September 7, 2012
The Ace-Time Continuum
There is no overstating the importance of timing. It can be the difference between meeting your future spouse and just missing the taxi cab, or it can separate a well-executed strike from a mistake pitch that is deposited into the bleachers. Timing is the most critical variable in the pitching equation, particularly as it pertains to the sequencing of events within the kinetic chain. Gameday performance is heavily influenced by a pitcher's ability to harness his timing and sequencing, factors that determine the command, velocity, and movement on his pitches.
Of all the grades on the mechanics report card, the score for repetition is not only the most difficult to evaluate—since hundredths of a second can separate the haves from the have-nots—but it is also the most volatile element during the season. Case in point, a number of pitchers that were covered by Raising Aces in the spring have since experienced large changes to their timing patterns, adjustments that could alter their individual outlooks for performance down the stretch.
Darvish took longer than expected to find his time signature, displaying inconsistency throughout the summer that limited the utility of his explosive stuff, piling up strikeouts and walks by the truckload. He also toyed with his mechanics, at one point introducing a distinct pause in his motion as he reached maximum leg lift, a technique that is popular in Japan and that has been popularized stateside by Daisuke Matsuzaka, but the strategy only exacerbated the timing issues by opening the window for error while halting his progression.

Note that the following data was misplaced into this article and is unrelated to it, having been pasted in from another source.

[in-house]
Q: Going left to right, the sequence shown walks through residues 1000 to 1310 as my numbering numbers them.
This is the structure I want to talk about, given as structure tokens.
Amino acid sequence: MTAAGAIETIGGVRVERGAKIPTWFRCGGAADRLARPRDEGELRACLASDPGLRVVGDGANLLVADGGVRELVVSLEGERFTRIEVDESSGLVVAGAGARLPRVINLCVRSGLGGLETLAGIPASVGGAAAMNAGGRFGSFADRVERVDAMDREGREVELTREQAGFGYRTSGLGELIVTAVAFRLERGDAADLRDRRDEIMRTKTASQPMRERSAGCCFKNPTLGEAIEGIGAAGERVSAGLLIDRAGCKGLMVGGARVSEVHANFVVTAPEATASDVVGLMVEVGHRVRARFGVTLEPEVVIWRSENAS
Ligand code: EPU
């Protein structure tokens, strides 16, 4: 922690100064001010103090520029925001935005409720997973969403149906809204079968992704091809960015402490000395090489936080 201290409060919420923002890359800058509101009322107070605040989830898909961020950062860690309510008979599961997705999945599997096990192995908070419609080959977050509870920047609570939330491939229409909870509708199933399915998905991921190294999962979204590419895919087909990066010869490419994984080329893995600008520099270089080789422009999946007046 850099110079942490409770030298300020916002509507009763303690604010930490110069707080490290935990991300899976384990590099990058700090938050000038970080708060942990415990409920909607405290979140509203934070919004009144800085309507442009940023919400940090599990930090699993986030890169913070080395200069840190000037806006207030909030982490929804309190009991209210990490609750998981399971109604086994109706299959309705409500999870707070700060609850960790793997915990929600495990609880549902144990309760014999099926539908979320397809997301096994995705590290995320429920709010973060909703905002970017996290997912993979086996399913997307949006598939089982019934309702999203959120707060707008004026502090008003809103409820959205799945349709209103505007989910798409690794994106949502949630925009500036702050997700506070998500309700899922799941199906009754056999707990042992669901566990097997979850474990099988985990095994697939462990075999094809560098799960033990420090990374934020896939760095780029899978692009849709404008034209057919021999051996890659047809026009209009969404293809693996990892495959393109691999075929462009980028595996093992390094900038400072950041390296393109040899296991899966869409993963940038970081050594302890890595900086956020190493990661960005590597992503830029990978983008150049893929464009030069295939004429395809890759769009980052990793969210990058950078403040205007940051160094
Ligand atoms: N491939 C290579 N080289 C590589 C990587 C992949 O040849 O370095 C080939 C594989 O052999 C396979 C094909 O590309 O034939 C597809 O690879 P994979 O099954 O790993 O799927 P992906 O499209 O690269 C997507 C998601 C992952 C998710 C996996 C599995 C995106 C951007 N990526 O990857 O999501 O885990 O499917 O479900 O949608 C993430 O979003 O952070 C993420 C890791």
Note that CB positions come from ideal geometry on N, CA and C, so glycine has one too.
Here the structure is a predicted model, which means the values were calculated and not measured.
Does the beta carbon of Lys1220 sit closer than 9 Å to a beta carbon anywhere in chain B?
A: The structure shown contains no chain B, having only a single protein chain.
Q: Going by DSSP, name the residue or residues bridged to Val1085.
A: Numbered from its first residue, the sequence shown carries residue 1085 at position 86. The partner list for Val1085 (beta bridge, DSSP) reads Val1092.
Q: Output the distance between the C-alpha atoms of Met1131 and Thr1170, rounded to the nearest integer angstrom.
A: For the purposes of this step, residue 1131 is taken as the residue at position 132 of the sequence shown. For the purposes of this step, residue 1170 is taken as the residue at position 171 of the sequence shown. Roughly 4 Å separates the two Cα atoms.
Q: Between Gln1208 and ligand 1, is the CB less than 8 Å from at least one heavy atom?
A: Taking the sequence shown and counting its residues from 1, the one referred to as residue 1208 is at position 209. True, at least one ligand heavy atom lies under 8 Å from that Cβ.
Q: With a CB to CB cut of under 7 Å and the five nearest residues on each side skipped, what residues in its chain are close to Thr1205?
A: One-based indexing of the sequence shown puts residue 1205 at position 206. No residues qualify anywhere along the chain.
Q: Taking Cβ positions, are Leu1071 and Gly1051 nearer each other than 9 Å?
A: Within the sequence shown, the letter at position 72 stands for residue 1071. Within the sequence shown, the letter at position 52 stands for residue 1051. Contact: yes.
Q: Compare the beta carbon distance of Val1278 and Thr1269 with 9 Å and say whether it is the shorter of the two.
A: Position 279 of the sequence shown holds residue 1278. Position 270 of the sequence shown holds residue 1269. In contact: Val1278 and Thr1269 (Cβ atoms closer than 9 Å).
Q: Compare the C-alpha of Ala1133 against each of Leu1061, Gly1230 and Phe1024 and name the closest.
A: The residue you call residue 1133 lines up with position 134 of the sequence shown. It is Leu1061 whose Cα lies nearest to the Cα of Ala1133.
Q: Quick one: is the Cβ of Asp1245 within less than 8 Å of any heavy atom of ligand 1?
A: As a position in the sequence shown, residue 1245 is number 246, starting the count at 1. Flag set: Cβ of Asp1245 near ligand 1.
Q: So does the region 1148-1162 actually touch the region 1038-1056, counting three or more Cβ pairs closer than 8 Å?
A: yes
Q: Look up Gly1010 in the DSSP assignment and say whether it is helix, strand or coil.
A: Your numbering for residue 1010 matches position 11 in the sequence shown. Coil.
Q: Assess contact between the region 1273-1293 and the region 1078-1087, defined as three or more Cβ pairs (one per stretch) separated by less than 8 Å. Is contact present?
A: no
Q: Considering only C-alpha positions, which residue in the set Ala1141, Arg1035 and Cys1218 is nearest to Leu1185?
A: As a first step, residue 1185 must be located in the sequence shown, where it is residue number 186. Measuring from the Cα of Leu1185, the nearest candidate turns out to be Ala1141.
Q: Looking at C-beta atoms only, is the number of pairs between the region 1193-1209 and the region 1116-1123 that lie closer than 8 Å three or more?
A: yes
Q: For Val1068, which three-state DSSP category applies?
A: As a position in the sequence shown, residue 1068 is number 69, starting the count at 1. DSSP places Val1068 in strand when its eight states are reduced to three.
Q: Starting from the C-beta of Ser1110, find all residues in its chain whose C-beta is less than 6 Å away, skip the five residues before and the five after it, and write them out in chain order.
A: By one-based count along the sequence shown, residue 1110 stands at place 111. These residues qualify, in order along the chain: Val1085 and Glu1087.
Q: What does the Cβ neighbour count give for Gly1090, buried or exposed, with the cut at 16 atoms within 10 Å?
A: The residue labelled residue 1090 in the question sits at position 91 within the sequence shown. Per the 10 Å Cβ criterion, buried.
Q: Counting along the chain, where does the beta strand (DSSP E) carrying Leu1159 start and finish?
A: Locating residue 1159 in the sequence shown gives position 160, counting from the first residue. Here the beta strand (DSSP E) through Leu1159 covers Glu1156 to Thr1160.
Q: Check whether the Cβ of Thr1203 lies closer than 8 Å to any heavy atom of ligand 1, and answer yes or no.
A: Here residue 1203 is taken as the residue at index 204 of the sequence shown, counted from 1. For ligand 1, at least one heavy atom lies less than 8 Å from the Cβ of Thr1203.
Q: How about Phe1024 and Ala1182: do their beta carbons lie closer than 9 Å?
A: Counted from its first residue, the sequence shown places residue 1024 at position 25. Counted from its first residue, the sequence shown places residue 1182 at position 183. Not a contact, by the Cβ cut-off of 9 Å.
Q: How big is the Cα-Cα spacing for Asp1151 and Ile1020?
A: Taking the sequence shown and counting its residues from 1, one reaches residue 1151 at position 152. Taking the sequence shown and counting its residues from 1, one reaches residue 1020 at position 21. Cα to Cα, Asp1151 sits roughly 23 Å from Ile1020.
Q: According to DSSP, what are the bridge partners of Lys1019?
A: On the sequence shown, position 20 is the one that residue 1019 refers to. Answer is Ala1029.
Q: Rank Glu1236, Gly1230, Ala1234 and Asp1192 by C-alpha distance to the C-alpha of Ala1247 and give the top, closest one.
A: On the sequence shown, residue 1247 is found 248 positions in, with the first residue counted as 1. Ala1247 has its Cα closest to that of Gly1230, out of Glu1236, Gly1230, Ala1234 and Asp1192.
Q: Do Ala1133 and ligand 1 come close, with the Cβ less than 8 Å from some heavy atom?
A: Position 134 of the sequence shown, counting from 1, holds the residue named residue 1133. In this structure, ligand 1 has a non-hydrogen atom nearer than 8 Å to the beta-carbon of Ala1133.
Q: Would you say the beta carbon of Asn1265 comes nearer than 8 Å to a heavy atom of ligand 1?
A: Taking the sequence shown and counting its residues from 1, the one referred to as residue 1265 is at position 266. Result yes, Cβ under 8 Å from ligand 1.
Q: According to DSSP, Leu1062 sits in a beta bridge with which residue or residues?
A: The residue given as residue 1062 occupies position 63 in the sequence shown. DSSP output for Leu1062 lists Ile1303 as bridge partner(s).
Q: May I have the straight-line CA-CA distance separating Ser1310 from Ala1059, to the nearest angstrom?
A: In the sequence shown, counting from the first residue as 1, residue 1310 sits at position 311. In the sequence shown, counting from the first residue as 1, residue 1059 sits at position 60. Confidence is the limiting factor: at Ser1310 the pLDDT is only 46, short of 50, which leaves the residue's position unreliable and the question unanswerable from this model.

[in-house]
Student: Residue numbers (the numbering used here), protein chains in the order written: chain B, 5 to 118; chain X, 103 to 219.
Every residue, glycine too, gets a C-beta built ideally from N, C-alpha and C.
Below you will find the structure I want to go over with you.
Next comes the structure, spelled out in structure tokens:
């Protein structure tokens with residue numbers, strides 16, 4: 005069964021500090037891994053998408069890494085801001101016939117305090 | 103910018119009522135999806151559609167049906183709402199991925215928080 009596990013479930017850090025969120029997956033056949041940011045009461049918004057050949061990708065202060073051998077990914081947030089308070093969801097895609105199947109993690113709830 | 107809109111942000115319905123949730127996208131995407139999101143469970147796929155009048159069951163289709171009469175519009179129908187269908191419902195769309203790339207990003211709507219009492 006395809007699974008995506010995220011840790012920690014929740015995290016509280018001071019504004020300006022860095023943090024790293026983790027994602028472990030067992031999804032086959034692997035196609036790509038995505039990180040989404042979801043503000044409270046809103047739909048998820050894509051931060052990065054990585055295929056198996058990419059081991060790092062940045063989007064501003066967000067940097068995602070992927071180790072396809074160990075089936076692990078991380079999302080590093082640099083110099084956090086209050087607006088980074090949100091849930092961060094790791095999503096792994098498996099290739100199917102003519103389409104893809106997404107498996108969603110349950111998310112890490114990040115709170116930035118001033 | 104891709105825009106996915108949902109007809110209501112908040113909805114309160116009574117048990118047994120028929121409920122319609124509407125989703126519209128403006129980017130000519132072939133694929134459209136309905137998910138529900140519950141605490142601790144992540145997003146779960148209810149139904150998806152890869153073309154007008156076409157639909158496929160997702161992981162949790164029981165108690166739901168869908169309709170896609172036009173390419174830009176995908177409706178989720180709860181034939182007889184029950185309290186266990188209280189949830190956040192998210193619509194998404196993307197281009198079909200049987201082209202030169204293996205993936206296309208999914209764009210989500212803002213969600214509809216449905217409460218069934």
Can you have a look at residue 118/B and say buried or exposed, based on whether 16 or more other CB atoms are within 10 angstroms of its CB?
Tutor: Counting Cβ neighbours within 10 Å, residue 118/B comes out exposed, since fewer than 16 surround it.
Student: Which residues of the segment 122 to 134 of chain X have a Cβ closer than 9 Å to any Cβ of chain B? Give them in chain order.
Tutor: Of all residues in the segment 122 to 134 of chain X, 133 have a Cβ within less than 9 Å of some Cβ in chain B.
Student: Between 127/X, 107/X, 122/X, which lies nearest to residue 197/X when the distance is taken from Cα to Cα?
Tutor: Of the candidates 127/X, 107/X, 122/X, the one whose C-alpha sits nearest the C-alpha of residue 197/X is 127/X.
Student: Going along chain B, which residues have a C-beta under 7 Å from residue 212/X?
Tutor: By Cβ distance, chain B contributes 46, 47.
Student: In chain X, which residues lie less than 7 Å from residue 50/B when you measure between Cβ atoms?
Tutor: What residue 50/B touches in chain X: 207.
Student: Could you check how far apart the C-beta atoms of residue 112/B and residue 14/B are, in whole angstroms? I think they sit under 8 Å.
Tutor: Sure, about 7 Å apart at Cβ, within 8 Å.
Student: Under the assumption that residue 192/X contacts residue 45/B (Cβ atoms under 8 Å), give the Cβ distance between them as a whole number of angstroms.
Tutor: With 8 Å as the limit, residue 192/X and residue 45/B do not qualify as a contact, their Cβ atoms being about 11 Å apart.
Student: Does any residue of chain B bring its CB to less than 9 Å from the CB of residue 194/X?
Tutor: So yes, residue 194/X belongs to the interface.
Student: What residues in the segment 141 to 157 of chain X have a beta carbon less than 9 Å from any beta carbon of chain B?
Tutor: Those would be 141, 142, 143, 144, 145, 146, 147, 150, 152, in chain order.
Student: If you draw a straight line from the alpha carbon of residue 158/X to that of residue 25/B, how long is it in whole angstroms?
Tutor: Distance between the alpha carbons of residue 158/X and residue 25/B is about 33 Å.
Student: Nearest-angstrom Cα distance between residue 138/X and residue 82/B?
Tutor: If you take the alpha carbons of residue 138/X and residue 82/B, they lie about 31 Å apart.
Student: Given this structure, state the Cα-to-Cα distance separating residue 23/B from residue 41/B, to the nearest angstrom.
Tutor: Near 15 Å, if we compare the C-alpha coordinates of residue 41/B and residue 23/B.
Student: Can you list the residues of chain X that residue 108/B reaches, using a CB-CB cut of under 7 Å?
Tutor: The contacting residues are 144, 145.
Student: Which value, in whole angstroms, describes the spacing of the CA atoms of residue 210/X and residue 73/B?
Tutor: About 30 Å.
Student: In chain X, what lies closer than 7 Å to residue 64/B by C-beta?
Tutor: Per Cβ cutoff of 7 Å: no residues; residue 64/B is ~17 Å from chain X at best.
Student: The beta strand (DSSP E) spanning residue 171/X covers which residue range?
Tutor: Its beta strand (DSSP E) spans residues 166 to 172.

Darvish wisely ditched the stutter-stop after his start on August 6th, and after another disaster outing on August 12th, the right-hander re-discovered his fluid timing. The pitcher who walked more than four batters per game in July and early August has allowed just four total free passes against 26 punchouts in his past 21 innings. He has done a much better job of repeating the delivery overall, but Darvish still takes awhile to find his timing in-game. To quote Rangers team President and former ace Nolan Ryan, “I've seen him struggle in some early innings before falling into a rhythm.”